Senator STYLES - What I contend is that Victoria had more than the population to entitle her to twenty-three members, while New South Wales had not the population to entitle her to twenty-six full quotas. I was always under the impression that " statistics " meant a collection of facts. According to the wayin which the word is used in this Bill, it means a collection of facts and fictions or guesses. Like Senator Millen, Ido not care two straws whether the question of altering the representation of any of the States is considered every three, or five, or ten years. But I contend thatwe should have an accurate count of the population before any alteration is made. He took the words out of my mouth the other day when he said that forthe last 100 years, in the United States they have been guided by the census, and. nothing else. In Canada, too, there is an actual count of the people before an alteration is made. In that mighty country - the United States - the movements of population have been quite as marked as in. Australia, but it has not been thought necessaryto alter the representation between one census and another. Senator Pulsford's return, furnished by Mr. Coghlan, shows that on census day, the 31st March, 1901, New South Wales was entitled to 25.88 members, and Victoria to 22.92 members ; and a subsequent publication of Coghlan's dated December, 1902, shows that in this regard Victoria had a slight advantage over New South Wales. Senator Millen said that either the census or an estimate based on the latest statistics had to be taken before the figures were sent to England. The Statisticians took guess-work returns, and made the best job they could of them. But at that time they knew that the census would be taken within ten or twelve months, and assumed that the Commonwealth Parliament would rectify any wrong whichit might disclose. The present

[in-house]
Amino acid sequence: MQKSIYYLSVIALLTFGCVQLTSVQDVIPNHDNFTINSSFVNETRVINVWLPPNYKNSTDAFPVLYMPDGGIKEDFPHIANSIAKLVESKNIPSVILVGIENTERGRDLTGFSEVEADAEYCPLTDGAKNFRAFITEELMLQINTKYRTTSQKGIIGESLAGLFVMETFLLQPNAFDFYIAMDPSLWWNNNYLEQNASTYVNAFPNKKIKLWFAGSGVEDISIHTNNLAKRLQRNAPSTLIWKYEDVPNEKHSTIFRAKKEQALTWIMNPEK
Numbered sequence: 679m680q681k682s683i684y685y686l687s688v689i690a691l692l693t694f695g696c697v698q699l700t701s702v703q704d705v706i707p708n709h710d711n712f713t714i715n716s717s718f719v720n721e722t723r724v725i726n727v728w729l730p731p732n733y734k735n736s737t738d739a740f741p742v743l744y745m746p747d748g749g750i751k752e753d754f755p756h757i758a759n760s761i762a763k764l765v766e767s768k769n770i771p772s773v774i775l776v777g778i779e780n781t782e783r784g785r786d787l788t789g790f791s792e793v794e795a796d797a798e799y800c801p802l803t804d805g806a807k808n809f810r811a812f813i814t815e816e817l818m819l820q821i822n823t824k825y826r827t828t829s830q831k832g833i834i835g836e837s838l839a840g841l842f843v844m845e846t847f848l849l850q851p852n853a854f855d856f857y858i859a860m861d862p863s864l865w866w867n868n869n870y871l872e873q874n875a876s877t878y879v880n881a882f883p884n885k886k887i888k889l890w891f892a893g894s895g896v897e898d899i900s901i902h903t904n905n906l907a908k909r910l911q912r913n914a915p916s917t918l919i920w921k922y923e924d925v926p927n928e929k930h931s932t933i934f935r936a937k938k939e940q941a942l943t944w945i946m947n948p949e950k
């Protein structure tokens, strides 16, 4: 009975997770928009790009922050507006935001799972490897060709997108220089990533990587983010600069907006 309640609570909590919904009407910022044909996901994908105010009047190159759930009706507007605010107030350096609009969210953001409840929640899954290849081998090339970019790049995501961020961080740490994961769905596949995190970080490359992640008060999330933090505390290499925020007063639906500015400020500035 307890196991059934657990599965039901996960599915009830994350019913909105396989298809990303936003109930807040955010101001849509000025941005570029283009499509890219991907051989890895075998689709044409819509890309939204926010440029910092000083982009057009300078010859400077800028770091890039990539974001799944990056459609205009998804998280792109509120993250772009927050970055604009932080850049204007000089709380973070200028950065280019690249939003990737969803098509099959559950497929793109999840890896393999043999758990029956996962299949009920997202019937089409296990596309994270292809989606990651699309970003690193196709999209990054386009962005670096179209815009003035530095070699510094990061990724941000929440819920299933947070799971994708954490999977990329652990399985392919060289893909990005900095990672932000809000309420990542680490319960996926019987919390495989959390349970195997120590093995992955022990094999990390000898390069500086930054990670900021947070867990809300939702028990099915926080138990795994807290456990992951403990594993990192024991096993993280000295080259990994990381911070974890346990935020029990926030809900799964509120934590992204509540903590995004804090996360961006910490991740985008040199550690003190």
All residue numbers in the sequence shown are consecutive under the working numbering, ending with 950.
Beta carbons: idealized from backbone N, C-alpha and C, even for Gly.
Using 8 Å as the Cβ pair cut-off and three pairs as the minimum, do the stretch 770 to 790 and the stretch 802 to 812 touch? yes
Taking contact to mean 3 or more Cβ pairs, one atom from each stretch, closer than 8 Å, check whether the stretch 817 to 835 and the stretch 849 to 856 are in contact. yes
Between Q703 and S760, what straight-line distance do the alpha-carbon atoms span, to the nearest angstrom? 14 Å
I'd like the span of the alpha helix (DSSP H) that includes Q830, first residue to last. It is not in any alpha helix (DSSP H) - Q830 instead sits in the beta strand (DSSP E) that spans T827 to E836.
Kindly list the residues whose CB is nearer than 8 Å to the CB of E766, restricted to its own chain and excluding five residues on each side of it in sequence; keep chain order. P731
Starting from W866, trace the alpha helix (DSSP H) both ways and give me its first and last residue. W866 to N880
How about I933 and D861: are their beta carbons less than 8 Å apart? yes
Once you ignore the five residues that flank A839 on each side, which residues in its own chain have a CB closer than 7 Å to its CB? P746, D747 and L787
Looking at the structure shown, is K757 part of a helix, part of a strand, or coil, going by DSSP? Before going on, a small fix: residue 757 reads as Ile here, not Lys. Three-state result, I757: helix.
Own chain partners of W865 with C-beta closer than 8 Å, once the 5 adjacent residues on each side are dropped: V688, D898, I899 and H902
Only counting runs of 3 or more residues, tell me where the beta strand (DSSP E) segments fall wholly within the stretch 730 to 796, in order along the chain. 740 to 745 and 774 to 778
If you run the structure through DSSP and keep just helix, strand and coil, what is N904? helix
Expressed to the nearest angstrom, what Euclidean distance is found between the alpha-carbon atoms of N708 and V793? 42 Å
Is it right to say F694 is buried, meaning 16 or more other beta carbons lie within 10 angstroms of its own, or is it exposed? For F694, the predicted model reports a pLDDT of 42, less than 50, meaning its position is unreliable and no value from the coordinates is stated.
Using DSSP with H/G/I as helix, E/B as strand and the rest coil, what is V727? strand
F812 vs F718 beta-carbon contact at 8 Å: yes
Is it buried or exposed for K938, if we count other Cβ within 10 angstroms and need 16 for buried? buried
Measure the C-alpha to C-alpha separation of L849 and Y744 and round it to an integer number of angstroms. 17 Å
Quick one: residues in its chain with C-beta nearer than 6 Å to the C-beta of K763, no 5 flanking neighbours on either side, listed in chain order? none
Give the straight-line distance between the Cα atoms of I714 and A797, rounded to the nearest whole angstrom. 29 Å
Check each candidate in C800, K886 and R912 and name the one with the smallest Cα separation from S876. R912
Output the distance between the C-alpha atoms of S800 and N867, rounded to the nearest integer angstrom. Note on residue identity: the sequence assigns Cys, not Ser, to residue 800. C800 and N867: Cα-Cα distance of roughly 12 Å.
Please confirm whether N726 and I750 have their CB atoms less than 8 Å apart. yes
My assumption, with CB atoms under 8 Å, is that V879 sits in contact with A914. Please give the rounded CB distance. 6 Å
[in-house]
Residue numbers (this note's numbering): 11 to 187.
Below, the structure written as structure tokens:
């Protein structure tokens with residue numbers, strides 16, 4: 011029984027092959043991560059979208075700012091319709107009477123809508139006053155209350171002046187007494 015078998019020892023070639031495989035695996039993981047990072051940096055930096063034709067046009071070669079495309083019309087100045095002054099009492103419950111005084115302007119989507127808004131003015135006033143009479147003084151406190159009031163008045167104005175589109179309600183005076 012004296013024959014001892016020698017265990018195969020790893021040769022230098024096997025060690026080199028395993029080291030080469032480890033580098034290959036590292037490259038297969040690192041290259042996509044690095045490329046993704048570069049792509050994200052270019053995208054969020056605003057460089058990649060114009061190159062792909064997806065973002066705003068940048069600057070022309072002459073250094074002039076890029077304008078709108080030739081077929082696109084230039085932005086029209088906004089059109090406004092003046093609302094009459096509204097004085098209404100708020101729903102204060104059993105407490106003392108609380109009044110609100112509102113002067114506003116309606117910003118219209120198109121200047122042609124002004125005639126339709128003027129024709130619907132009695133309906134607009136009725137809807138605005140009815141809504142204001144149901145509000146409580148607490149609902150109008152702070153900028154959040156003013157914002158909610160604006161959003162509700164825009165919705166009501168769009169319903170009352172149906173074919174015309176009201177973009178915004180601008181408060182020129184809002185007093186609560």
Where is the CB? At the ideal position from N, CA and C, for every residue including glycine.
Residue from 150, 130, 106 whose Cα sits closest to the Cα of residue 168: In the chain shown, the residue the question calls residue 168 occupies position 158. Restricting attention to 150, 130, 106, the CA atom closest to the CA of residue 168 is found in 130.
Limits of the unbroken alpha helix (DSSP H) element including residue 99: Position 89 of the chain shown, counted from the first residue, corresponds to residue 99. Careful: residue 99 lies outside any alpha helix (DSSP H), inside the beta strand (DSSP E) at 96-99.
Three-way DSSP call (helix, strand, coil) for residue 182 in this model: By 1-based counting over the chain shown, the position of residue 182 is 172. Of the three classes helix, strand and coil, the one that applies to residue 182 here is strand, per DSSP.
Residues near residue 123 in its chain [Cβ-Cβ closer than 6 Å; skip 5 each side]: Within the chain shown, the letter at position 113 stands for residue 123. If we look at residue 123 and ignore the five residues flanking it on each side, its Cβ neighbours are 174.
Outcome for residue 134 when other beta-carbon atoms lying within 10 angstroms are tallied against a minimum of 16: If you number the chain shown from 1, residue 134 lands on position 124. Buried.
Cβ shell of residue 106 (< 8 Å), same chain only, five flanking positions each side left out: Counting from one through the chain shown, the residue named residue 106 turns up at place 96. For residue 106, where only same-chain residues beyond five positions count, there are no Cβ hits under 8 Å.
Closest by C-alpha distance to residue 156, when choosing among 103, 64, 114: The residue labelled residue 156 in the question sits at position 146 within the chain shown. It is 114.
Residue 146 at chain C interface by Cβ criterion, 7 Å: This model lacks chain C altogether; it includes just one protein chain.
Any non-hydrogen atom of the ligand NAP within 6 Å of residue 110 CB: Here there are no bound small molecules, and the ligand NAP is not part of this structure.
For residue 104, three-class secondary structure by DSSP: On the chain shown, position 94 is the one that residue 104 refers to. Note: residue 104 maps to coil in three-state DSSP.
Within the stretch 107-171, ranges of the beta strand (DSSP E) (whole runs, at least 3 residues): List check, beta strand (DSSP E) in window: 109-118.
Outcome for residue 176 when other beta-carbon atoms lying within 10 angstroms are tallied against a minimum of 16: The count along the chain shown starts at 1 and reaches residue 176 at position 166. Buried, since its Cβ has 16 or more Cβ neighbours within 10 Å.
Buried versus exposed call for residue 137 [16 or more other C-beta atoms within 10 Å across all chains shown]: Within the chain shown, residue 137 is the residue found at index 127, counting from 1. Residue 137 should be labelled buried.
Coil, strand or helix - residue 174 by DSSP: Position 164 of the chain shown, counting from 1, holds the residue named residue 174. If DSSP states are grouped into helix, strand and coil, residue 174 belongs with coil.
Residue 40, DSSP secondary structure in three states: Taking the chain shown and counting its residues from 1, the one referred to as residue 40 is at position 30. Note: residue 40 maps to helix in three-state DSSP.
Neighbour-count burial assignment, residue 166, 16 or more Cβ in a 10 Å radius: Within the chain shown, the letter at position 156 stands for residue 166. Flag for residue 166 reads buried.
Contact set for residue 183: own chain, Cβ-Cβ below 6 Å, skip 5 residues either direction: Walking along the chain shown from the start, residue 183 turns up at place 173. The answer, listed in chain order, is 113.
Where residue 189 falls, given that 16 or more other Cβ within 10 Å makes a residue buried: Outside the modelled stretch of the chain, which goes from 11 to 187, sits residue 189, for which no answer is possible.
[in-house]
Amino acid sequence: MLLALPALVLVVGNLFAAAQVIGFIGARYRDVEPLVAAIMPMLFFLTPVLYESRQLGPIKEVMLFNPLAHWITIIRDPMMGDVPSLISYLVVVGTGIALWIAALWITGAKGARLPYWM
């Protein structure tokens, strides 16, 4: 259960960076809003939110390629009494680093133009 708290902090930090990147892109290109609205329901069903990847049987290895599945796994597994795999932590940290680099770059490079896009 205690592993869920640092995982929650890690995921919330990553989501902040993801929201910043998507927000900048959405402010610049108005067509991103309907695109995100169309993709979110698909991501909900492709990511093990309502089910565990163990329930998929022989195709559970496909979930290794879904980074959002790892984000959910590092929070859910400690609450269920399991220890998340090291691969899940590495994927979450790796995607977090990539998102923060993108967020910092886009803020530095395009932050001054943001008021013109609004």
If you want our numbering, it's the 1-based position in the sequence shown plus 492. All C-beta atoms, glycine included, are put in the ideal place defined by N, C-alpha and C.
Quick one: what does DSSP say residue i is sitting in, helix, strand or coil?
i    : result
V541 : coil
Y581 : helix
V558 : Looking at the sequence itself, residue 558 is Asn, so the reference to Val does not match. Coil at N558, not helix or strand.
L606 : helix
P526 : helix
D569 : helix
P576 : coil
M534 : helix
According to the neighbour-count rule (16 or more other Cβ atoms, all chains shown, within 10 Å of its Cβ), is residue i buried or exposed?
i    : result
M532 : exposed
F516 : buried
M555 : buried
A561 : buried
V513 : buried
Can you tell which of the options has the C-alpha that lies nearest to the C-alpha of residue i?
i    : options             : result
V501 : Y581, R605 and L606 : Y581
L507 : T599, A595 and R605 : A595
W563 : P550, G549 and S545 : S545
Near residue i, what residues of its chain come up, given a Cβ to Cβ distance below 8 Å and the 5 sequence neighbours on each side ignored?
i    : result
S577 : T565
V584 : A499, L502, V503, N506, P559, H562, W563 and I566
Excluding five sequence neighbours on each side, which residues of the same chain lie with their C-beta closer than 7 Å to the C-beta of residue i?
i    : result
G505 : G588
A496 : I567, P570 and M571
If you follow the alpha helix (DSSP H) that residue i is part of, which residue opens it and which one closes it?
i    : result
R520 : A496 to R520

Government have taken up this matter, at which they laughed when the Reid Government was in office. If I could refer to private conversations, Icould surprise honorable senators a little more; but certainlyI was never more surprised in my life than when I found that the present Government were going to deal with this question without first taking a census of the people. Mr. Reid spread this statement broadcast over Australia - I shall say in good faith, if honorable senators like- and I can easily understand that the incoming Government could hardly allow his statement to pass, because, if they had, their New South Wales supporters would have said, "If Mr. Reid had remained in power, our State would have had another member." So the Government took up the question, and the Minister of Home Affairs brought in a Bill without, so far as I can see, making the slightest reference to a census when he was moving its second reading. We have heard a great many statements about the conferences of Statisticians. There have been two conferences held, and that is why I asked Senator Millen the other day which conference he was referring, to.

Senator Millen - To that held in September, 1903.

Senator STYLES - It does not seem to be generally known that in September, 1903, a conference of Statisticians was held, not for the purpose of dealing with the census, but for the purpose of considering a uniform basis of estimating the population. The report contains these recommendations -

1.   That the census of 1901 be taken as the starting point, and future estimates of population be published from that basis.

2.   That the Registrar-Generals' returns of births and deaths, and the Customs and Railway Departments certificates of arrivals and departures be accepted for the compilations.

3.   That 10 per cent. be added to the railway returns of arrivals and departures by land for New South Wales, Victoria, Queensland, and South Australia, to allow for unrecorded traffic by rail and road.

We know that the frontier line of New South Wales is about 1,500 miles long. Queensland also has a long border-line : and Victoria has a border line of 800 or 900 miles in length. I should like to know how the Statists are to form the slightest idea as to the number of people who travel backwards and forwards across those borders. They can ascertain the departures by rail, but I cannot understand how any one can accept such a piece of guesswork as a method of dealing with such an important subject, as is dealt with in this Bill. The document proceeds -

4.   That the following percentages on recorded departures by sea be added thereto for the unrecorded departures : - New South Wales g, Victoria g, Queensland 10, South Australia 7, Western Australia 5, Tasmania 12.5 per cent.